The protein content of many microalgal species can compete, quantitatively and qualitatively, with conventional protein sources. In terms of quantity, several species of microalgae are reported to possess very high concentrations of protein, ranging from 42% to over 70%. In terms of quality, microalgae contain all of the essential amino acids that mammals are unable to synthesize.
In addition, protein production from microalgae is much more efficient and sustainable compared to other sources. Animal protein sources consume 100 times more water compared to plant sources for equivalent protein extraction, while protein yield from microalgae is reported at 4–15 tons/Ha/year compared to terrestrial crops production of 1.1 tons, 1–2 tons and 0.6–1.2 tons/Ha/year for wheat, pulse legumes and soybean respectively.
“Protein from microalgae is 100% vegan and free from gluten, lactose and GMO. It is organic, hypoallergenic and highly digestible, thanks to the natural polysaccharides and fibers present in microalgae.”
Algal omega-3 vs. fish oil: what’s the difference?
Although fish has been the major source of omega-3, global interest has been shifting towards microalgae. The depleting fish population and drawbacks intrinsic to fish, such as limited expiry date, existence of impurities (e.g. heavy metals), microplastic pollution and other ocean stressors are growing the burden of the fish market. According to estimates, in 2030 there will be a shortage of 50.6 million tons of fish for human consumption.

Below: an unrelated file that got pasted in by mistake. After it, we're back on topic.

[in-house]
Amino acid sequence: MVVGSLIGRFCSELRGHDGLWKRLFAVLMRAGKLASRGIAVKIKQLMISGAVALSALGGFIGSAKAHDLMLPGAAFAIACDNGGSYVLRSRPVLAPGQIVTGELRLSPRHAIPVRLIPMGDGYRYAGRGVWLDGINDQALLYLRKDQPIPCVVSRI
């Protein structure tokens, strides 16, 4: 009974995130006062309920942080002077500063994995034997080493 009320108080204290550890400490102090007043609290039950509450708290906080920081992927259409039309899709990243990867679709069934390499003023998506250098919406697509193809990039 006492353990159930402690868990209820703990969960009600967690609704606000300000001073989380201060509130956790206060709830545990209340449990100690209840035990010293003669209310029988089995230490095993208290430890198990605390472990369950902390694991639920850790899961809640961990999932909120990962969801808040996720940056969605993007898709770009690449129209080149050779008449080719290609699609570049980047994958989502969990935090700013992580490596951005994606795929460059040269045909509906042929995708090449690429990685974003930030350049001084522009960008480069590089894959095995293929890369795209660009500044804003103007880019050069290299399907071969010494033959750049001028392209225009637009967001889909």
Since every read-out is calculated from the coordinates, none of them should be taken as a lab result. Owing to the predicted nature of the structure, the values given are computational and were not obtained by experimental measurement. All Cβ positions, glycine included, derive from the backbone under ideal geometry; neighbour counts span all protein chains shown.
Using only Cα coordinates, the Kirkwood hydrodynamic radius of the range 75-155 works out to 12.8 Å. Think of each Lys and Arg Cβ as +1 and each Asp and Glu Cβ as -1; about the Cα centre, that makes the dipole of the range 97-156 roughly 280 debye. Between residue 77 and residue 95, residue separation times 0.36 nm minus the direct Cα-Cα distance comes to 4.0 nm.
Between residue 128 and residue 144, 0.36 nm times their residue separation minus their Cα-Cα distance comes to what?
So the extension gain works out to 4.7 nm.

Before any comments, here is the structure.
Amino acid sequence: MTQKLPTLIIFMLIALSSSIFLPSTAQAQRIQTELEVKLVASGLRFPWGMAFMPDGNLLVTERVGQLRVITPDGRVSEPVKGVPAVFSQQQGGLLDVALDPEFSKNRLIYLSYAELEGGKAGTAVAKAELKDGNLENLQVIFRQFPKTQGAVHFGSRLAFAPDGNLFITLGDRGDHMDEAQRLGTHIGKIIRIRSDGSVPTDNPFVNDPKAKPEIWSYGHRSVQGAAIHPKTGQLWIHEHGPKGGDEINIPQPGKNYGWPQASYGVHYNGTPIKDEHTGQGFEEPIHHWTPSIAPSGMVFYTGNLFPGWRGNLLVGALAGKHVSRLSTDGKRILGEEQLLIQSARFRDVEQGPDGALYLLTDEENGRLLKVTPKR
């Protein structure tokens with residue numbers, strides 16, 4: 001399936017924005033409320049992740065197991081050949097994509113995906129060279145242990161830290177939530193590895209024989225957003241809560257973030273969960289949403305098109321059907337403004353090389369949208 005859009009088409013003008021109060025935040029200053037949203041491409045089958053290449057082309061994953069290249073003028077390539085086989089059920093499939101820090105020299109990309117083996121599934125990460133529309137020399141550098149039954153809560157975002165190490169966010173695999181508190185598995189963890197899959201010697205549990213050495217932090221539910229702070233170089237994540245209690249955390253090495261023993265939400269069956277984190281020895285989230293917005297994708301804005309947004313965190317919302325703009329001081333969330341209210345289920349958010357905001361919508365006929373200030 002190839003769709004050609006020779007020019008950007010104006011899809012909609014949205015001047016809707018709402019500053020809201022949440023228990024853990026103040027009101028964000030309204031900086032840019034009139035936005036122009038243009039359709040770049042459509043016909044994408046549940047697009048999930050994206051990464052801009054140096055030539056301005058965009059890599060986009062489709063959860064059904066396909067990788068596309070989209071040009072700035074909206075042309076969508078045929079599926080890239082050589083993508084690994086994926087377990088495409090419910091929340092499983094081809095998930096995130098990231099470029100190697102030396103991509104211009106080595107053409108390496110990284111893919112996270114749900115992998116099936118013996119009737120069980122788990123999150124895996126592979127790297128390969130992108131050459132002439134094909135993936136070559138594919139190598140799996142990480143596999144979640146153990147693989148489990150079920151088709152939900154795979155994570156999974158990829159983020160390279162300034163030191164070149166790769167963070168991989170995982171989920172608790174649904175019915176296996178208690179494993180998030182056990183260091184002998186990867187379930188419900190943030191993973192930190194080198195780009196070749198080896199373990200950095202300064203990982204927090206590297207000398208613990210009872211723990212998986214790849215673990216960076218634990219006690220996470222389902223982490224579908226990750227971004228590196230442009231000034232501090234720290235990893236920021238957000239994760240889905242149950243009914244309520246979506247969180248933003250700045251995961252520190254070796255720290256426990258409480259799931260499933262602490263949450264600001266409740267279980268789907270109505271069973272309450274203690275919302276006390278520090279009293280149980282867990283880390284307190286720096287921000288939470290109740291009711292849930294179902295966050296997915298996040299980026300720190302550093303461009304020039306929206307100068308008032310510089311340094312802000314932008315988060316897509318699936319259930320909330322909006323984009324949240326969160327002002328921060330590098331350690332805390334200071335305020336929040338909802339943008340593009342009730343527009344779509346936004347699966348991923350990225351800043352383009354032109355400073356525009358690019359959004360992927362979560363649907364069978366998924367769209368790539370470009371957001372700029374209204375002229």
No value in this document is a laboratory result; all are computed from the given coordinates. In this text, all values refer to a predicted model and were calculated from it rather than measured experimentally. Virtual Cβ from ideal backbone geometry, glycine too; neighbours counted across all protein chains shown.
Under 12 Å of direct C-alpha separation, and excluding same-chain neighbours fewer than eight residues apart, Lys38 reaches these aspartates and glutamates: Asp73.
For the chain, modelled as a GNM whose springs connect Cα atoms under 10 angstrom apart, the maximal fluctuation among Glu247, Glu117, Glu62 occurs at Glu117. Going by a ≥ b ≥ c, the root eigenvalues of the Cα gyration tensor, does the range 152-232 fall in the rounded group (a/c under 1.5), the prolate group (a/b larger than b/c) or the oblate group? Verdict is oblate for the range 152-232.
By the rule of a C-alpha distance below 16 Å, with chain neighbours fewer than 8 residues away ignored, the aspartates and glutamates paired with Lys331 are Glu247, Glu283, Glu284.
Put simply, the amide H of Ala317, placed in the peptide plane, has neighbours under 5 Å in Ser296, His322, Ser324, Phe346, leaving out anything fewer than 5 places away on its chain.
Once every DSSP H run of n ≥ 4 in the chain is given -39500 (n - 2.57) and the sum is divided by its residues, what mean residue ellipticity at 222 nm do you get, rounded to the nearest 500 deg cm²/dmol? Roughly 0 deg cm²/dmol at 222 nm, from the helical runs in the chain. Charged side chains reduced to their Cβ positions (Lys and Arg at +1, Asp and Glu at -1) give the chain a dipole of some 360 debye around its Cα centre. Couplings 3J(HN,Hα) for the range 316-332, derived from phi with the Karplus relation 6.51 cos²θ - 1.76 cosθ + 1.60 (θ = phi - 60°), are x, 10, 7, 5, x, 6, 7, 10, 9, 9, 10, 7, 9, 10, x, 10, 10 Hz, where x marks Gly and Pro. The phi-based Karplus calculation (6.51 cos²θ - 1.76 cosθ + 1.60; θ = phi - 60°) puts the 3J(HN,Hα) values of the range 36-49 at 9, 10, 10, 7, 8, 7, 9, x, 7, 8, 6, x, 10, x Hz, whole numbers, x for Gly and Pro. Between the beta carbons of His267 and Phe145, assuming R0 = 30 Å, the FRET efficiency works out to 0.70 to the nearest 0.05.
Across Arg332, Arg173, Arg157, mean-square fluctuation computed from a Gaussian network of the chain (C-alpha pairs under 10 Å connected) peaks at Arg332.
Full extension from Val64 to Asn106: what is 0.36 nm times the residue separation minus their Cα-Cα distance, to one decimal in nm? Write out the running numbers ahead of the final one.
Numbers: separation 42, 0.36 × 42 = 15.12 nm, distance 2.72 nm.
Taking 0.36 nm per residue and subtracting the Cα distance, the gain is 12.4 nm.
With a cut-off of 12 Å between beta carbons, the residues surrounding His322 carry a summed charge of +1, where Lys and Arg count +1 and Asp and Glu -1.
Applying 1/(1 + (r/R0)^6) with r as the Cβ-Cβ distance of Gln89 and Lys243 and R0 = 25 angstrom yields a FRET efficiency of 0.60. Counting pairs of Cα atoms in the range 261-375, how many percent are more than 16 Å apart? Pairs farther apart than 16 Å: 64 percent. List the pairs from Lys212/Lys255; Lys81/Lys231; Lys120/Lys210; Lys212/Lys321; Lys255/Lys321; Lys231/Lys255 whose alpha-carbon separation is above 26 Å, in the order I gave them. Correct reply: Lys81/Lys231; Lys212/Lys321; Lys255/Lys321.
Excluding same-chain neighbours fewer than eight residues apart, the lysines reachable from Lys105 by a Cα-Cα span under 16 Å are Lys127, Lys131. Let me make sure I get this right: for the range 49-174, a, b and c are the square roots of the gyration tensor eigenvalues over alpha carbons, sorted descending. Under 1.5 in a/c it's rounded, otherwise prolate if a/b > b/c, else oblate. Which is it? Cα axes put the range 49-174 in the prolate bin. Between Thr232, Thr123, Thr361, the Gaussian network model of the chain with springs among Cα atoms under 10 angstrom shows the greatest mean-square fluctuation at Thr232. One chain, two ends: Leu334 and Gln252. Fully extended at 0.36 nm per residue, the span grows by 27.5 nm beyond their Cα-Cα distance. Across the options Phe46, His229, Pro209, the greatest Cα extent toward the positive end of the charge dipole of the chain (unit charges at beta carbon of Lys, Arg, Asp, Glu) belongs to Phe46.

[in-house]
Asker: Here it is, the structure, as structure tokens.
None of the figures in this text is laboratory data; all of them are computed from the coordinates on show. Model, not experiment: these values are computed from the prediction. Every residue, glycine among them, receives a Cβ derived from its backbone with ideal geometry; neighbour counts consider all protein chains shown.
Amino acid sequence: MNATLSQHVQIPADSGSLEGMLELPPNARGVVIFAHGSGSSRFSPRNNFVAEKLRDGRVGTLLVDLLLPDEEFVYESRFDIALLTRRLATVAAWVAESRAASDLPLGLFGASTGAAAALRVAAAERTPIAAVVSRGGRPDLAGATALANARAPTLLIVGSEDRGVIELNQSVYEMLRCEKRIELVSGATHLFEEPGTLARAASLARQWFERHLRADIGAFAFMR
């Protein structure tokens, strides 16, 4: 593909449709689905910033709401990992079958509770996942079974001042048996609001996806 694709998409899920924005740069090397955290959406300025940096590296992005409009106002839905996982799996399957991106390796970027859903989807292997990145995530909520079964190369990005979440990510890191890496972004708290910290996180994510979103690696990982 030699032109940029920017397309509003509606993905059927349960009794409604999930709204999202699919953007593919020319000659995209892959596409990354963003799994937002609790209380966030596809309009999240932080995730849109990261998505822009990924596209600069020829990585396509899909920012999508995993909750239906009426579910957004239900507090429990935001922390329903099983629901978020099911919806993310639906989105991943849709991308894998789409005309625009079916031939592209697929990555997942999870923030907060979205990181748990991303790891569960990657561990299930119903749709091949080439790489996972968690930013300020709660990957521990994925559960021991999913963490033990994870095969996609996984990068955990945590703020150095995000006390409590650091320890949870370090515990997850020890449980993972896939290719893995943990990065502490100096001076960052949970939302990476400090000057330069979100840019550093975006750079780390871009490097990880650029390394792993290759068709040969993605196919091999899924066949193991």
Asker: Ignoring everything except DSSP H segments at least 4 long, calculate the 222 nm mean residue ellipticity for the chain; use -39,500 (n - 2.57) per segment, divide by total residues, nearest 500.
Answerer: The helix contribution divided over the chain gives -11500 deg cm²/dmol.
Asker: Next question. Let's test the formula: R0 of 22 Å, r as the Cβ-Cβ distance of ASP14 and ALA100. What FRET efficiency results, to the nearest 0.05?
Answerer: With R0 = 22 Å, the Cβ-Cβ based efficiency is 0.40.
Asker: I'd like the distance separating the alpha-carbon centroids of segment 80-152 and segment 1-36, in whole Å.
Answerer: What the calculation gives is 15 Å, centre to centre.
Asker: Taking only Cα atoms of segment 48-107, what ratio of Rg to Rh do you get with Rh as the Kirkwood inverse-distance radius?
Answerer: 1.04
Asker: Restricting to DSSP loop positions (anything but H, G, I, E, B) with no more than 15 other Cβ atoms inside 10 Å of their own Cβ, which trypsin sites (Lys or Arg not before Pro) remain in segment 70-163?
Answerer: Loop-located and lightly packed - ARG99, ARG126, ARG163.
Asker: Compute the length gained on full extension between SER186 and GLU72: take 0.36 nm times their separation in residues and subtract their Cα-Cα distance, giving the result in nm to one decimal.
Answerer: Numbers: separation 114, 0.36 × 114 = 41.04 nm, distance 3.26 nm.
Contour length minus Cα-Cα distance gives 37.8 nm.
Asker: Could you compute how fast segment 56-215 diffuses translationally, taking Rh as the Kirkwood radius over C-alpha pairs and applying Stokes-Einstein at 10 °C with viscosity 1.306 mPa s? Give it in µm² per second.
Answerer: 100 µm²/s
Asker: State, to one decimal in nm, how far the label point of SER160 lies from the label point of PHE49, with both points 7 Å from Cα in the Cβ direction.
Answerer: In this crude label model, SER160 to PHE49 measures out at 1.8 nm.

Microalgae are exceptional sources of fatty acids, especially the long-chain polyunsaturated fatty acids (PUFAs) such as γ-linolenic acid, arachidonic acid, eicosapentaenoic acid (EPA) and docosahexaenoic acid (DHA). Due to their rapid growth rate, microalgae can produce 10–100 times more oil than terrestrial oilseed plants.
The use of microalgal oils in the diet, especially those that are rich in EPA and DHA, has been demonstrated to induce beneficial effects against inflammation, lower blood pressure and support circulation, reduce risk for heart diseases, aid normal brain and eye development in babies, protect mental health and have chemopreventive properties.